One of the ophthalmologist vets that I see is the former president of CERF and is the teacher at Tuft's veterinary school. He previously told Labrador breeders they can stop doing CERF exams at 7 - 8 years old since PRA would have shown up by then and they would be cleared of any other eye disorder previously. I would assume the reason for yearly CERF exams was to continue to check for the development of PRA. Now with the Optigen test you can rule out PRA much earlier and I don't know what is recommended now. I think eye vets and CERF won't want to stop doing exams since that is a big source of income for them.

    I personally will Optigen test (or by parentage) and then CERF my own dogs as puppies (under 6 months) and then again as an adult (1 - 2 years) and that's it - anything will be seen in those two exams that may cause problems. Geriatric cataracts do not make a dog fail it's CERF exam and are a normal age related problem.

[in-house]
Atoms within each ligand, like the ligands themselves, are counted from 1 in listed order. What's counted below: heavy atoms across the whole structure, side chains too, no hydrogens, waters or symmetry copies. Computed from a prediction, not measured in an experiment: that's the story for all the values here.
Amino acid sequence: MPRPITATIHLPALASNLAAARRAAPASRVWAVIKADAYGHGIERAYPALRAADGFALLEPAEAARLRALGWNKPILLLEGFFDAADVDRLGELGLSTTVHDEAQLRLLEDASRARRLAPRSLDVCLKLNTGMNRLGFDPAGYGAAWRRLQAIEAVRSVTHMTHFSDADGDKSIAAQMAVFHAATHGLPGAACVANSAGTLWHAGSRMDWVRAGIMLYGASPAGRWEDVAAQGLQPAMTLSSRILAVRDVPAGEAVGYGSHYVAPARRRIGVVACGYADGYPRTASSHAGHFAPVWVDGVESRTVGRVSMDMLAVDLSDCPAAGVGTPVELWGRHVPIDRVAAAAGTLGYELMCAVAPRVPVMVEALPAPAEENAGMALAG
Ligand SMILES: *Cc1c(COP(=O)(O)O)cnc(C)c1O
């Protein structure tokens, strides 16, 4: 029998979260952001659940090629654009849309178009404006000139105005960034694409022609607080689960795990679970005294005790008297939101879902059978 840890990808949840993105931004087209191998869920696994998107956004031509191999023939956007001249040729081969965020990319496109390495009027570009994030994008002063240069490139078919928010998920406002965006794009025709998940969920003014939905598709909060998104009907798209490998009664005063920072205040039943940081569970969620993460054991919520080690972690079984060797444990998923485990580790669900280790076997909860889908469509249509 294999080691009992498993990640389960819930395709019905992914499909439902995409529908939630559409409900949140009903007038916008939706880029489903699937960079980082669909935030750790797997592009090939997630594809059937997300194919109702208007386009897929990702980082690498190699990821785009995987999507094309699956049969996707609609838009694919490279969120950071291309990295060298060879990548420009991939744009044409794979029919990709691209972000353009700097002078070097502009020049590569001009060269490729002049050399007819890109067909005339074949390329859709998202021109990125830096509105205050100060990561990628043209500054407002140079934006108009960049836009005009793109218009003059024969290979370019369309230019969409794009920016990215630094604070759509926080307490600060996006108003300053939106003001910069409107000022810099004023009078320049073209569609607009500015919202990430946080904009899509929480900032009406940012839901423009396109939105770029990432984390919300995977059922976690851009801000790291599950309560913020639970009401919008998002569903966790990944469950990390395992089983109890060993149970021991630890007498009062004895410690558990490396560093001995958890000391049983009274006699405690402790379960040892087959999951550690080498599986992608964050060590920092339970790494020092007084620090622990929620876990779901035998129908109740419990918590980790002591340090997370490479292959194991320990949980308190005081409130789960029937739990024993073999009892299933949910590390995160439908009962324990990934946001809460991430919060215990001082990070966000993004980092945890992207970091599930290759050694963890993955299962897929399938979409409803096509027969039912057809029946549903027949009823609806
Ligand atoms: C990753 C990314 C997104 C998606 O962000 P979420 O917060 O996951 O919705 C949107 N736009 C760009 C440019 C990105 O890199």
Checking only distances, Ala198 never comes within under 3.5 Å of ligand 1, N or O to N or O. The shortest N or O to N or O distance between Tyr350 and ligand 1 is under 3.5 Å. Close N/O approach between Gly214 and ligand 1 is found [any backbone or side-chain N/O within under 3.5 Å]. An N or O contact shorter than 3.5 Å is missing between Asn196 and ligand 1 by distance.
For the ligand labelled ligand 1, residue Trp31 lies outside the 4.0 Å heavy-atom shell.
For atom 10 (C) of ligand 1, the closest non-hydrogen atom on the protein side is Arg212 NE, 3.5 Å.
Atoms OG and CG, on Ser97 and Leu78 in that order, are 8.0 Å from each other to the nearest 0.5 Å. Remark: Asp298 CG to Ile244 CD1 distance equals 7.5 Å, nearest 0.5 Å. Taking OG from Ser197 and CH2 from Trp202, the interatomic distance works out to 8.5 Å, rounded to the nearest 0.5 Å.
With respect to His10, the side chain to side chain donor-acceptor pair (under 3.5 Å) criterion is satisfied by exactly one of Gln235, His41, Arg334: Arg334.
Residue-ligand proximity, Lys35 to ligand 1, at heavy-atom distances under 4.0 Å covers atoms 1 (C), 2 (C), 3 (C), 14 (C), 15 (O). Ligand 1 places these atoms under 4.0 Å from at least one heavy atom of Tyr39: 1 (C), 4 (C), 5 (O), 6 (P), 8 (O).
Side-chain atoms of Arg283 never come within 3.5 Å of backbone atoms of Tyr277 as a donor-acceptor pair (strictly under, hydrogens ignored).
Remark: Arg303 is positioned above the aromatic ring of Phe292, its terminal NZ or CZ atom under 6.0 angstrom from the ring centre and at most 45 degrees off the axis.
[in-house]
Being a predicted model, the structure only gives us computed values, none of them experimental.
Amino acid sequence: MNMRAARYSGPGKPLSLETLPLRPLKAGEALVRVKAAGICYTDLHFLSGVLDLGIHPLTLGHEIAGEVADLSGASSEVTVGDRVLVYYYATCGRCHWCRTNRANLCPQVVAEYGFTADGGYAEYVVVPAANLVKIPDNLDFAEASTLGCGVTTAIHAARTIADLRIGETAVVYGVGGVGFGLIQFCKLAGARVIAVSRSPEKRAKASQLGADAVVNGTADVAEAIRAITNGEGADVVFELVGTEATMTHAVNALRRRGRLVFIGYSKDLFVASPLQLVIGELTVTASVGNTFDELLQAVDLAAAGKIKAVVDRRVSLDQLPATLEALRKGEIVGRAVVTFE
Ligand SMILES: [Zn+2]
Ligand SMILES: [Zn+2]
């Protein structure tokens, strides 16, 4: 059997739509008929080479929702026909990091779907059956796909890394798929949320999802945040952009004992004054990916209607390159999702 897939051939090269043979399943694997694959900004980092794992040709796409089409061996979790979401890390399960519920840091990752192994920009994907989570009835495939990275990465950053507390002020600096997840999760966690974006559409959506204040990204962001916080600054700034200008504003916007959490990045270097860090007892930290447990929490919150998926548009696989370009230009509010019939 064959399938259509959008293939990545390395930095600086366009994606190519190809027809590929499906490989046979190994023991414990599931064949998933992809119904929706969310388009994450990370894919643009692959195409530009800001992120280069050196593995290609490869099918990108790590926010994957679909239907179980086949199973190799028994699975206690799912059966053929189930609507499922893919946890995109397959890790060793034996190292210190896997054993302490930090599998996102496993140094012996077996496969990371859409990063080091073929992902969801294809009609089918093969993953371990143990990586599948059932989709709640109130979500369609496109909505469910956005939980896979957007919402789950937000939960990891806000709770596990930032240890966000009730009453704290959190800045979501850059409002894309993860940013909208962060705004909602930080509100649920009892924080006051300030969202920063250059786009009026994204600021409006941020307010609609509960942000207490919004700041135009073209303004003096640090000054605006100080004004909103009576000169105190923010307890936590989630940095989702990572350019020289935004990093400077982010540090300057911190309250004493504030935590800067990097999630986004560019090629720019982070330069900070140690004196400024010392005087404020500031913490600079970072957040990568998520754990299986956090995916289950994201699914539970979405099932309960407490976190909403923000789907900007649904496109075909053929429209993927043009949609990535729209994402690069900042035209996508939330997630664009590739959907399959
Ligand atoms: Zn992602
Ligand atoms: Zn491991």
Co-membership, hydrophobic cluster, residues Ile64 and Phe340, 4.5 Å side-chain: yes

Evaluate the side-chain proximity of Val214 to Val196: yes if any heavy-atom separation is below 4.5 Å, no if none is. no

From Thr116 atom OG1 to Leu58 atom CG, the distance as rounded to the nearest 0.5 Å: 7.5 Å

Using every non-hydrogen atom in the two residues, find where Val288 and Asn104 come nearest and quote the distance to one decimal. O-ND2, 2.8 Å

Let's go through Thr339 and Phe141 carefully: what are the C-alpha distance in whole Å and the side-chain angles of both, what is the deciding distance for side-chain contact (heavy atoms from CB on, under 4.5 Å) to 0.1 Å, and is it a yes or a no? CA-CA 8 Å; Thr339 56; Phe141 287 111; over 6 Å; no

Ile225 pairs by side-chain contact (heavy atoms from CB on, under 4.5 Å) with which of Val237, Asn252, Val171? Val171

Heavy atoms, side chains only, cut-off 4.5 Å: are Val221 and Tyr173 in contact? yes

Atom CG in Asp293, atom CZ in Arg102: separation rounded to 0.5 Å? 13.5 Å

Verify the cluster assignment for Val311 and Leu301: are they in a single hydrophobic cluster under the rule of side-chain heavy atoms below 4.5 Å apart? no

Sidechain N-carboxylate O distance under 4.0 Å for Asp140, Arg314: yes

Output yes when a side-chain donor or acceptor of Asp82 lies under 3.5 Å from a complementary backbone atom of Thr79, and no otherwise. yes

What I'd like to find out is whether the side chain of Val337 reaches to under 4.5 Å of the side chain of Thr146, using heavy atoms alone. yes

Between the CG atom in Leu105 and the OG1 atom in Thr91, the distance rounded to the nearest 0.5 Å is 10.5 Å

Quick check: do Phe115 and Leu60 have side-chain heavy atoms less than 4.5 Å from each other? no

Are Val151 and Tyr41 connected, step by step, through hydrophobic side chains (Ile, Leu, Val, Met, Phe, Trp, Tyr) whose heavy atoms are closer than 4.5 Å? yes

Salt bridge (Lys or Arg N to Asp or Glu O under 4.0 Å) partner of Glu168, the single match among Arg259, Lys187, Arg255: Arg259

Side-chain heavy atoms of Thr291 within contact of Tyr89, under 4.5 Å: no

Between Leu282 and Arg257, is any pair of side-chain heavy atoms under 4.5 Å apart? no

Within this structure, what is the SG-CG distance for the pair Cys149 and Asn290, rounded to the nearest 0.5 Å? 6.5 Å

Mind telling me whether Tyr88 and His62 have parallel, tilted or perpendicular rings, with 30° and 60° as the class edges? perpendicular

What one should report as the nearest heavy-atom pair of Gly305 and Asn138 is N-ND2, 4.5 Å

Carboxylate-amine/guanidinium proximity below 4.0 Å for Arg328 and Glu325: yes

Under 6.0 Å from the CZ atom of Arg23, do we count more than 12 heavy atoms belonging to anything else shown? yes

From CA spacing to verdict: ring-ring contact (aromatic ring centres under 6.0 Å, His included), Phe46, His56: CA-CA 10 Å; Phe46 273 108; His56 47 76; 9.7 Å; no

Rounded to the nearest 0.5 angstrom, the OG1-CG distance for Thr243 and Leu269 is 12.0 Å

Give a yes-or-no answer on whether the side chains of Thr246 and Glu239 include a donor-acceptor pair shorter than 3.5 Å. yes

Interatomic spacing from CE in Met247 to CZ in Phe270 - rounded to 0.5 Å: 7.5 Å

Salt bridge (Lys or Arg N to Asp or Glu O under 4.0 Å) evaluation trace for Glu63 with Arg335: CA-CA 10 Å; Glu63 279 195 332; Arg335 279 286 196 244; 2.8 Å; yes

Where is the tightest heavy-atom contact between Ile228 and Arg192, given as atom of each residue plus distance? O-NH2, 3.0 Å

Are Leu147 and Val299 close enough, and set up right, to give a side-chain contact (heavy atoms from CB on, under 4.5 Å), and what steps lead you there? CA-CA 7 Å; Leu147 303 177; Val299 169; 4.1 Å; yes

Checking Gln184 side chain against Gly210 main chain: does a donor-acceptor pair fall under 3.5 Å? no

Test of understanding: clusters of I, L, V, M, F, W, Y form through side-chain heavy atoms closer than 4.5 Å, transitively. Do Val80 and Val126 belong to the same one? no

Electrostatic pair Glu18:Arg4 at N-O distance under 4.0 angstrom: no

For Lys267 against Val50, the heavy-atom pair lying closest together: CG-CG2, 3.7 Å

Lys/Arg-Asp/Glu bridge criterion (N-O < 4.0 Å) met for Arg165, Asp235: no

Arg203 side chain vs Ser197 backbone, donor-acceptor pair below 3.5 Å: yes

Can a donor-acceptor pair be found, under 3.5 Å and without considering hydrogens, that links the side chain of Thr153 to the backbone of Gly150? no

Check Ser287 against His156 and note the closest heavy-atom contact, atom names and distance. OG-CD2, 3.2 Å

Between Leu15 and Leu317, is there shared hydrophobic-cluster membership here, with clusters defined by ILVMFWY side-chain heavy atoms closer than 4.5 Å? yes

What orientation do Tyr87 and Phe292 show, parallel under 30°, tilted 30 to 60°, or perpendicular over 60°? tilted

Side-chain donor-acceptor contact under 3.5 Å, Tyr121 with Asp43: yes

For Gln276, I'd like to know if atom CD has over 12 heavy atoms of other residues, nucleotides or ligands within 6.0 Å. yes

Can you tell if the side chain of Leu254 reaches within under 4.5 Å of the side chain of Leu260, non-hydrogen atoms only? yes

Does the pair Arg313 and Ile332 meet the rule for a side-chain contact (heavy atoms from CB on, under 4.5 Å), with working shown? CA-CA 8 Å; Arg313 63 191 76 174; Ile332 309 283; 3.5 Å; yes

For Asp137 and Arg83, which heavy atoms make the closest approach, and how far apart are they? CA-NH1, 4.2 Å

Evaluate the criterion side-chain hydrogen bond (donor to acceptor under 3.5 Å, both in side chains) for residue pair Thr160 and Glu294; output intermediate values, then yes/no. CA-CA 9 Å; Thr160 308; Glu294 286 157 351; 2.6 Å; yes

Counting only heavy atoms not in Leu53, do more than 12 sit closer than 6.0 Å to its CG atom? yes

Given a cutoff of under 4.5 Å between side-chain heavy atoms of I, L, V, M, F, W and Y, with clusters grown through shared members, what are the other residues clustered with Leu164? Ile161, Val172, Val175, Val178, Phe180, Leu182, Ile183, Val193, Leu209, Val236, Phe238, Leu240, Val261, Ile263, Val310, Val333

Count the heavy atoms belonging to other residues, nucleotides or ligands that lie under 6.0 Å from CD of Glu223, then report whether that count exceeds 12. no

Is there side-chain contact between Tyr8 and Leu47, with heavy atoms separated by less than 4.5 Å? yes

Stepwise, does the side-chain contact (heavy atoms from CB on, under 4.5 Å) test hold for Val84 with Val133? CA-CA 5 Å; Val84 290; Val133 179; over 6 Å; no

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    Fallriver's Avatar
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    DefaultRe: Hereditary Eye Problems other than PRA

    Personally, I would do clearances until 7 or so. Geriatric cataracts are considered ones that form after the age of 7 and g-PRA could appear at 3 or 4 years of age.
    I know of a bitch who was clear until age 5 and then they discovered the cataracts. She produced juvie cataracts in her first litter and based on the cerf results, was spayed and retired...a bit too late as she was bred a second time and that litter also produced cataracts.
    Dana


    To err is human:To forgive, canine."
    - Anonymous

  7. #5